6 debut books you should read this October

Each month, Debutiful will recommend a handful of buzzworthy and under-the-radar debut books for you to read.

As the world turns its attention to America’s upcoming election and the book community begins to focus in on award season, debut books continue to be released. This month, some smaller presses are putting out crackerjacks of books. The stories feature memorable characters from a secretly gay college football player to a man who lost the love of his life. Check out the books below if you need escape from the horrid reality 2020 has turned into.

Sybelia Drive by Karin Cecile Davidson (Braddock Avenue Books; 10/6)
A small town in Florida during the Vietnam War is the setting for this kaleidoscopic coming of age story. The three main characters have a lot in common with those on The Wonder Years but is more airy than that show. Still, it is a refreshing book that book clubs can enjoy and dissect.

The Prince of Mournful Thoughts and Other Stories by Caroline Kim (University of Pittsburgh Press; 10/6)
This collection is the winner of the Drue Heinz Literature Prize and features storties about Korean Americans grappling with their Korean heritage. The title story is one of the best single short stories I have read in such a long time. It is a must read for any fan of literature.

After Elias by Eddy Boudel Tan (Dundurn; 10/6)
The author describes this as a modern queer tragedy. From the very first pages, readers can get a sense of dread hanging over the book. A man’s fiancé dies in the days before their wedding. From there, he must learn to live after everything he ever loved was taken away from him. It is a very internal book perfect for a somber autumn day.

The Redshirt by Corey Sobel (University of Kentucky Press; 10/13)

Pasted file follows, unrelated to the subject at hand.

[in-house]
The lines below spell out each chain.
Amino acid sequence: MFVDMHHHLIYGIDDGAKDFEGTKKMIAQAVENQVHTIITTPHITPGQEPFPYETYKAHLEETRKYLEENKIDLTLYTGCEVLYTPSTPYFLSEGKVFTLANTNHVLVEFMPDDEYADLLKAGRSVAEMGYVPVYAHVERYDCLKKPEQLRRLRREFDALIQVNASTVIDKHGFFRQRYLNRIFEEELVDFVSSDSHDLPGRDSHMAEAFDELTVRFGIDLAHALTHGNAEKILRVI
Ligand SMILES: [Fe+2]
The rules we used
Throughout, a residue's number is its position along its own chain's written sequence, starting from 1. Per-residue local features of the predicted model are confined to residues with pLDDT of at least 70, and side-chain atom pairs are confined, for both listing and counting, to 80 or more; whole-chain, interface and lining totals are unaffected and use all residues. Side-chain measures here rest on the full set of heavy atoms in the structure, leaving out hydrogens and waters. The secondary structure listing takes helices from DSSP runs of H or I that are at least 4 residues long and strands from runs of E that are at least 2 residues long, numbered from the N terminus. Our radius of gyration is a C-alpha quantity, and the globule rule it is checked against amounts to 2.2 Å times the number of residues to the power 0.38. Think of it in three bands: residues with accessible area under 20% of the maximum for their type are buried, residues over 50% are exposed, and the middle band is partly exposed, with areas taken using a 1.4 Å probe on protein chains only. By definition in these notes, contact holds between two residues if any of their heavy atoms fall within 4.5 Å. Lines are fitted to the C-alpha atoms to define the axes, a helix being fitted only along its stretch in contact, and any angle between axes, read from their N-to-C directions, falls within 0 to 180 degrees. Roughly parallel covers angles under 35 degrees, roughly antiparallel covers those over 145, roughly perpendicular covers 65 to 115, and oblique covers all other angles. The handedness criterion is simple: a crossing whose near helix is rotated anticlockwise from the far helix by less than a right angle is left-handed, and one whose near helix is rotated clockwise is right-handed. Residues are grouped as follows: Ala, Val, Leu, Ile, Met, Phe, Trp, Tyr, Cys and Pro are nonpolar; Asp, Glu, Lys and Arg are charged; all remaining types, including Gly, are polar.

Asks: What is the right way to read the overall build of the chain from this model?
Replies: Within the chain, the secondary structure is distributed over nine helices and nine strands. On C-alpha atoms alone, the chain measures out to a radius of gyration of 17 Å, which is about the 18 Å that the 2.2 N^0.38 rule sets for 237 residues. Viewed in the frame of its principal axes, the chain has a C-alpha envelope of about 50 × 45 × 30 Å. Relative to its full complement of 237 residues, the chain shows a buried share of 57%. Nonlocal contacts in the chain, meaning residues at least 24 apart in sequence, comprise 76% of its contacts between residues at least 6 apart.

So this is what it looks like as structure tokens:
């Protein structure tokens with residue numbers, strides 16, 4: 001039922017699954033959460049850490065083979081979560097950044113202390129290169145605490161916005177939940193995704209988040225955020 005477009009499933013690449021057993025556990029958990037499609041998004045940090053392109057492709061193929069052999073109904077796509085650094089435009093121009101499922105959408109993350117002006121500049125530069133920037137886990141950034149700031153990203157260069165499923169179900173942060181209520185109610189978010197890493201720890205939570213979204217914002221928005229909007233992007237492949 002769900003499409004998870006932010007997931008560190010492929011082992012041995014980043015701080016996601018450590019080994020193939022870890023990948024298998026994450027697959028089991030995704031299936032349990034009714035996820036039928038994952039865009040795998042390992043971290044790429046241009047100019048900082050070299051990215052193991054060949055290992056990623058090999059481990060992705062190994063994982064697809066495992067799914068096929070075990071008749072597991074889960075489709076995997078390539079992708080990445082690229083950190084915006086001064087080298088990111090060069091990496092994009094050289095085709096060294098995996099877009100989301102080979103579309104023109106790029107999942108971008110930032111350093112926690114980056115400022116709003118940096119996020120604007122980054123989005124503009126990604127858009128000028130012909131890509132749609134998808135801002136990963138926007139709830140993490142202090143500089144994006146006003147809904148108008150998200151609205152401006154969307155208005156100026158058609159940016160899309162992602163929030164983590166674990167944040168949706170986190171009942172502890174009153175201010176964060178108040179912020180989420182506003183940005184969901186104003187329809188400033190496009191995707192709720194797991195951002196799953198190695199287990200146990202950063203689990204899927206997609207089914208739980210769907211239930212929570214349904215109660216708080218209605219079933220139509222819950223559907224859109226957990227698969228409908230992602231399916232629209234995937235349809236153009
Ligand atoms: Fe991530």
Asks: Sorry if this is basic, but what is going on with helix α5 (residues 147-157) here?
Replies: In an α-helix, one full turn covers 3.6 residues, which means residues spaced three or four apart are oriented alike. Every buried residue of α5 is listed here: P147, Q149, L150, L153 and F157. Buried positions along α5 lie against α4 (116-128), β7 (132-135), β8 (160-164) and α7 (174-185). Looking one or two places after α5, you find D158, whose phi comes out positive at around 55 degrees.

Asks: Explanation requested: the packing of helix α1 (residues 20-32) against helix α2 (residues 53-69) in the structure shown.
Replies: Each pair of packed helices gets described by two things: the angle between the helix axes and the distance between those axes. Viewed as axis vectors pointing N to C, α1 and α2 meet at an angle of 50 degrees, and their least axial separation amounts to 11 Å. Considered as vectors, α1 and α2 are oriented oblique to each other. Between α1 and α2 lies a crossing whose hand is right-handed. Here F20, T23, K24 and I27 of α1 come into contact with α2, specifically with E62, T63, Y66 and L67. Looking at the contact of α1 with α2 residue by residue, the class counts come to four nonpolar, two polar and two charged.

A queer college student navigates the homophobic bubble of his football team in Sobel’s debut. The provides a very direct narration that makes this a very easy read even though there are heavy moments in this young man’s life. It reminded me a lot of The Art of Fielding, but set on the gridiron instead of the baseball diamond.

The Lost Shtetl by Max Gross (HaperVia; 10/13)
Fans of Michael Chabon will enjoy this debut novel from the Editor-in-Chief of the Commercial Observer. Set in a small Polish village that no one knew existed until now, the book explores what happens when a Jewish community is suddenly exposed to the horrors of the world it had missed out on. Shtetl feels almost like an alt-history but Gross weaves in realism with ease. This is an extremely timely and vital read for anyone interested in modern Jewish relations.

High as the Waters Rise by Anja Kampmann, trans. by Anne Posten (Catapult; 9/15)
Kampmann’s award-winning debut novel came out in September to rave reviews. It is set on an oil drilling platform when a man discovers his bunkmate has gone missing. What follows is an emotional journey of a grief-stricken man written with poetic prose. Kampmann has had a storied career as a poet, but this novel really takes her skills to another level.

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